Electronic service providers top list of consumer breaches – CAU


A recent survey by the Consumer Affairs Unit (CAU) has shown that electronic service providers top the list of business guilty of consumer breaches.
As stated by CAU, the Electronics Industry was prominent in the list of complaints, accounting for 41% of the total received. The majority (84%) of these complaints were due to Part IV Section 22 (Return of defective goods) being contravened. This, it was noted, can be linked to the growing ease of accessibility to these products, which consequently leads to them being more susceptible to fraudulent and misleading practices.
Moreover, reports about cellular phones were the most dominant within this category, accounting for 42% of electronic complaints. In an effort to minimize these complaints, the Competition and Consumer Affairs Commission (CCAC) says it will continue to collaborate with the Bureau of Standards.
While a marginal reduction of 7% was seen, the Auto Industry had the second highest number of complaints and accounted for 77% of the cumulative value of complaints. This, the survey revealed, continues to be an issue of grave concern, as 61% of reported complaints was due to the contravention of Part IV-Section 22 (Return of defective goods), while 28% were due to the contravention of Part V–Section 31, (Misleading or deceptive conduct).
To mitigate this issue, the Commission collaborated with the Bureau of Standards and accepted a request from International Consultant and Director of Excellence in Automobile Assessment (EAA) in Japan, Mr. Lee Sayer.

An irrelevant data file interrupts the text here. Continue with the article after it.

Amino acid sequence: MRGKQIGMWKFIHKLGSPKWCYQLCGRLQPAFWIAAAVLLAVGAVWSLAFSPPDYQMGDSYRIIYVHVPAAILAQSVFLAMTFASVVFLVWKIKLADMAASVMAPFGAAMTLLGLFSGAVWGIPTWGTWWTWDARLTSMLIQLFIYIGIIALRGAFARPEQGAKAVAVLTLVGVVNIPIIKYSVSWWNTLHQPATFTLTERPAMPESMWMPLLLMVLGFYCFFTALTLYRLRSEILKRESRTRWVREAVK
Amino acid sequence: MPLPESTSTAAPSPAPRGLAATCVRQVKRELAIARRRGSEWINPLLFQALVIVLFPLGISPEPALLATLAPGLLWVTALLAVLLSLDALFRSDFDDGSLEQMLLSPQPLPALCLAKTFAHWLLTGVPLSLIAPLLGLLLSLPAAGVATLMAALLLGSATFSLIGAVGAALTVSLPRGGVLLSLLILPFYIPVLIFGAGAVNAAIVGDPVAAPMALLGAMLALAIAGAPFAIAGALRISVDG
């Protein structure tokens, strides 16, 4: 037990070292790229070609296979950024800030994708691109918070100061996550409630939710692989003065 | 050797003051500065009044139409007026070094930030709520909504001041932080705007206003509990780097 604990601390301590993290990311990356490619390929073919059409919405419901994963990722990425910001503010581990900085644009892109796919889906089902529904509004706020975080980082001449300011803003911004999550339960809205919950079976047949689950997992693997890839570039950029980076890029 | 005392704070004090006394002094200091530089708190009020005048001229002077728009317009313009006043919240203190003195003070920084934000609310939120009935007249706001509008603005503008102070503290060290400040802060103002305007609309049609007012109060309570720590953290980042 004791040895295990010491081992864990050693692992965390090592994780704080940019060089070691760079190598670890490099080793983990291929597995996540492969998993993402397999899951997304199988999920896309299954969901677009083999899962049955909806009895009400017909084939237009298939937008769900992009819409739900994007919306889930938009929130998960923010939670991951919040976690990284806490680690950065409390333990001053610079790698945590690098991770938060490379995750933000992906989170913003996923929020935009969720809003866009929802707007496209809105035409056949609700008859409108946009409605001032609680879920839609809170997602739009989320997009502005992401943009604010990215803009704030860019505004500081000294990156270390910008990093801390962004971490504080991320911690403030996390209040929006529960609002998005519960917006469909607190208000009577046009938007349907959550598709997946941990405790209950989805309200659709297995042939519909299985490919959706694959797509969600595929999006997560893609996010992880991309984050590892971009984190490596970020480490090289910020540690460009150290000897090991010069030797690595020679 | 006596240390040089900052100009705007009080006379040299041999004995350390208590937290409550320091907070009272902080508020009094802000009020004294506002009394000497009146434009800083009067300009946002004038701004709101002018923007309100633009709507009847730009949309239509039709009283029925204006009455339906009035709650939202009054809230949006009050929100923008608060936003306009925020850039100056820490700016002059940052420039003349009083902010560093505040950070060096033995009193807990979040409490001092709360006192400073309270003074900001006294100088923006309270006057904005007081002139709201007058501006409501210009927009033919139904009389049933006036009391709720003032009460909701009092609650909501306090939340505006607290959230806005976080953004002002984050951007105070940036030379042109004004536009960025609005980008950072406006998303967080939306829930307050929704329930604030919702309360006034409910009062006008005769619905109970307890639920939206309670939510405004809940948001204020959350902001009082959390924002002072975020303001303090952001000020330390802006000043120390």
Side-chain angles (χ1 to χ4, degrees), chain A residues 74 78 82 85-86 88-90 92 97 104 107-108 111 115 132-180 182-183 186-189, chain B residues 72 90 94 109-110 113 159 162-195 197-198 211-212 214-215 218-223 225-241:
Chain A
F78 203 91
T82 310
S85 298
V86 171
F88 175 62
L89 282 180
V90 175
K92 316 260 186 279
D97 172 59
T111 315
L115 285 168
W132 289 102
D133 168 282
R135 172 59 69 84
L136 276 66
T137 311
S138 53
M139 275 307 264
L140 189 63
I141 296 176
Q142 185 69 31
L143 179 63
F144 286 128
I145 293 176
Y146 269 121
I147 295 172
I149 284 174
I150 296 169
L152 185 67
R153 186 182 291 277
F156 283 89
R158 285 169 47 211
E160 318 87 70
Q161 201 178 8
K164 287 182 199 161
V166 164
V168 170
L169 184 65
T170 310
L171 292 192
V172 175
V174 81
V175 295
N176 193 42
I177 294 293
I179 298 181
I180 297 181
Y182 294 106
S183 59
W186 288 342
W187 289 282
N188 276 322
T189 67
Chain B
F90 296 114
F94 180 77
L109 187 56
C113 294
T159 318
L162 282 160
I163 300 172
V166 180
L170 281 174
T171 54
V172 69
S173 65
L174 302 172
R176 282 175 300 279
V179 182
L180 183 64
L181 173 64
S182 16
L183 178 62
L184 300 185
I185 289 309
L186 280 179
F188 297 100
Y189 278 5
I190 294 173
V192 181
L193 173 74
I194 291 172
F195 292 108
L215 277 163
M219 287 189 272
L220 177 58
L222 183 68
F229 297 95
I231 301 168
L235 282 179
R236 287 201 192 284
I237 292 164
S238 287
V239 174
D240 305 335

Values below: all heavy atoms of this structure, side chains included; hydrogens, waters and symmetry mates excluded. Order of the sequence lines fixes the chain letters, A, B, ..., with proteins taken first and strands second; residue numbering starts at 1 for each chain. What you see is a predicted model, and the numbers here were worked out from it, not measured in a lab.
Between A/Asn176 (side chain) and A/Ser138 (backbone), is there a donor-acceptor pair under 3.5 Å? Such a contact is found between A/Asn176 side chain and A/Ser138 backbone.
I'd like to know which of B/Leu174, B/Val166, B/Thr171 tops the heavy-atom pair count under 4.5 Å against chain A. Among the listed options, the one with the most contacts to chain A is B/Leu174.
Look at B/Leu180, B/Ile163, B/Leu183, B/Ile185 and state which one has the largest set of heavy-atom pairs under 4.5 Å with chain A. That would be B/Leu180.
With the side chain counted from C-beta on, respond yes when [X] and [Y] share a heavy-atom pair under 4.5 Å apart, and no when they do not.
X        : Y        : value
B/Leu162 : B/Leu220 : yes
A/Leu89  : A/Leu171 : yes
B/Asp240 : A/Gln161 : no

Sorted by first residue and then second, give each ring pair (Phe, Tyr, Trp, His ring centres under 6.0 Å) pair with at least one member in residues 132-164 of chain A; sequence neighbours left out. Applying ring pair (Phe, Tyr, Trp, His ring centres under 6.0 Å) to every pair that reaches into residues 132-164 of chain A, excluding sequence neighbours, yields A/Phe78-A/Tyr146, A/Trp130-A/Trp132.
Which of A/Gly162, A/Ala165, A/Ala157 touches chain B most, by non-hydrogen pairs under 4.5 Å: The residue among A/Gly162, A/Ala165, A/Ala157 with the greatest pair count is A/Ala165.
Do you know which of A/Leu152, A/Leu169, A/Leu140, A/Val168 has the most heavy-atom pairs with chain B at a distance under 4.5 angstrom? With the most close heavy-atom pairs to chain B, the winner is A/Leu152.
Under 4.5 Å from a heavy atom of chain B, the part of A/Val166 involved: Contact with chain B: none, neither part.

A visit was made to Guyana to conduct a conclave with various stakeholders involved in the importation of vehicles. The purpose of the meeting was to facilitate the discussion of a Pre-shipment Inspection programme for used vehicles being imported from Japan.
The Consumer Affairs Unit continues to engage in research as it relates to the execution of such a programme in Guyana. Additionally, the CAU will work along with the GNBS to regularize the sector with the development of a “Used Vehicle Standard.”
Finally, the Appliance Industry accounted for 10% of complaints while the remaining 30% of complaints were spread across other industries.
For the financial year 2018, the Consumer Affairs Unit received two hundred eighty nine (289) complaints with an aggregate monetary value of $91,868,324. The complaints increased by 22% when compared to 2017 while the value decreased by 25%. Of these complaints, 90% were product-based while the remaining 10% were service-based.
Out of a total of 289 consumer breaches for 2018, Region Four has recorded an alarming 212, according to CAU. The lowest cases of consumer breaches were recorded in Region Nine, where only one case was reported.
Highlights on the status of complaints received for 2018 showed that despite reflecting a percentage change of 5% when compared to 2017, a notable 79% of complaints received were resolved, equivalent to a value of $59,857,075.
17% of the complaints are ongoing, which is primarily due to the unwillingness of some suppliers to comply, consumers’ lag in providing relevant information or the extent of diagnosis that has to be conducted to determine who is liable. Additionally, 62% of the ongoing complaints were received during the last quarter of 2018.
The remaining 4% were sent to the board for a resolution to be determined for 229 complaints resolved; suppliers were liable for a significant 64%, with an accumulated value of $25,525,724. This value represents the cost of the item and does not take into account pre-redress financial detriment. The remaining 36% were as a result of either consumer liability, no liability (undetermined or consumer chose to no longer pursue the case) or the item not being defective.

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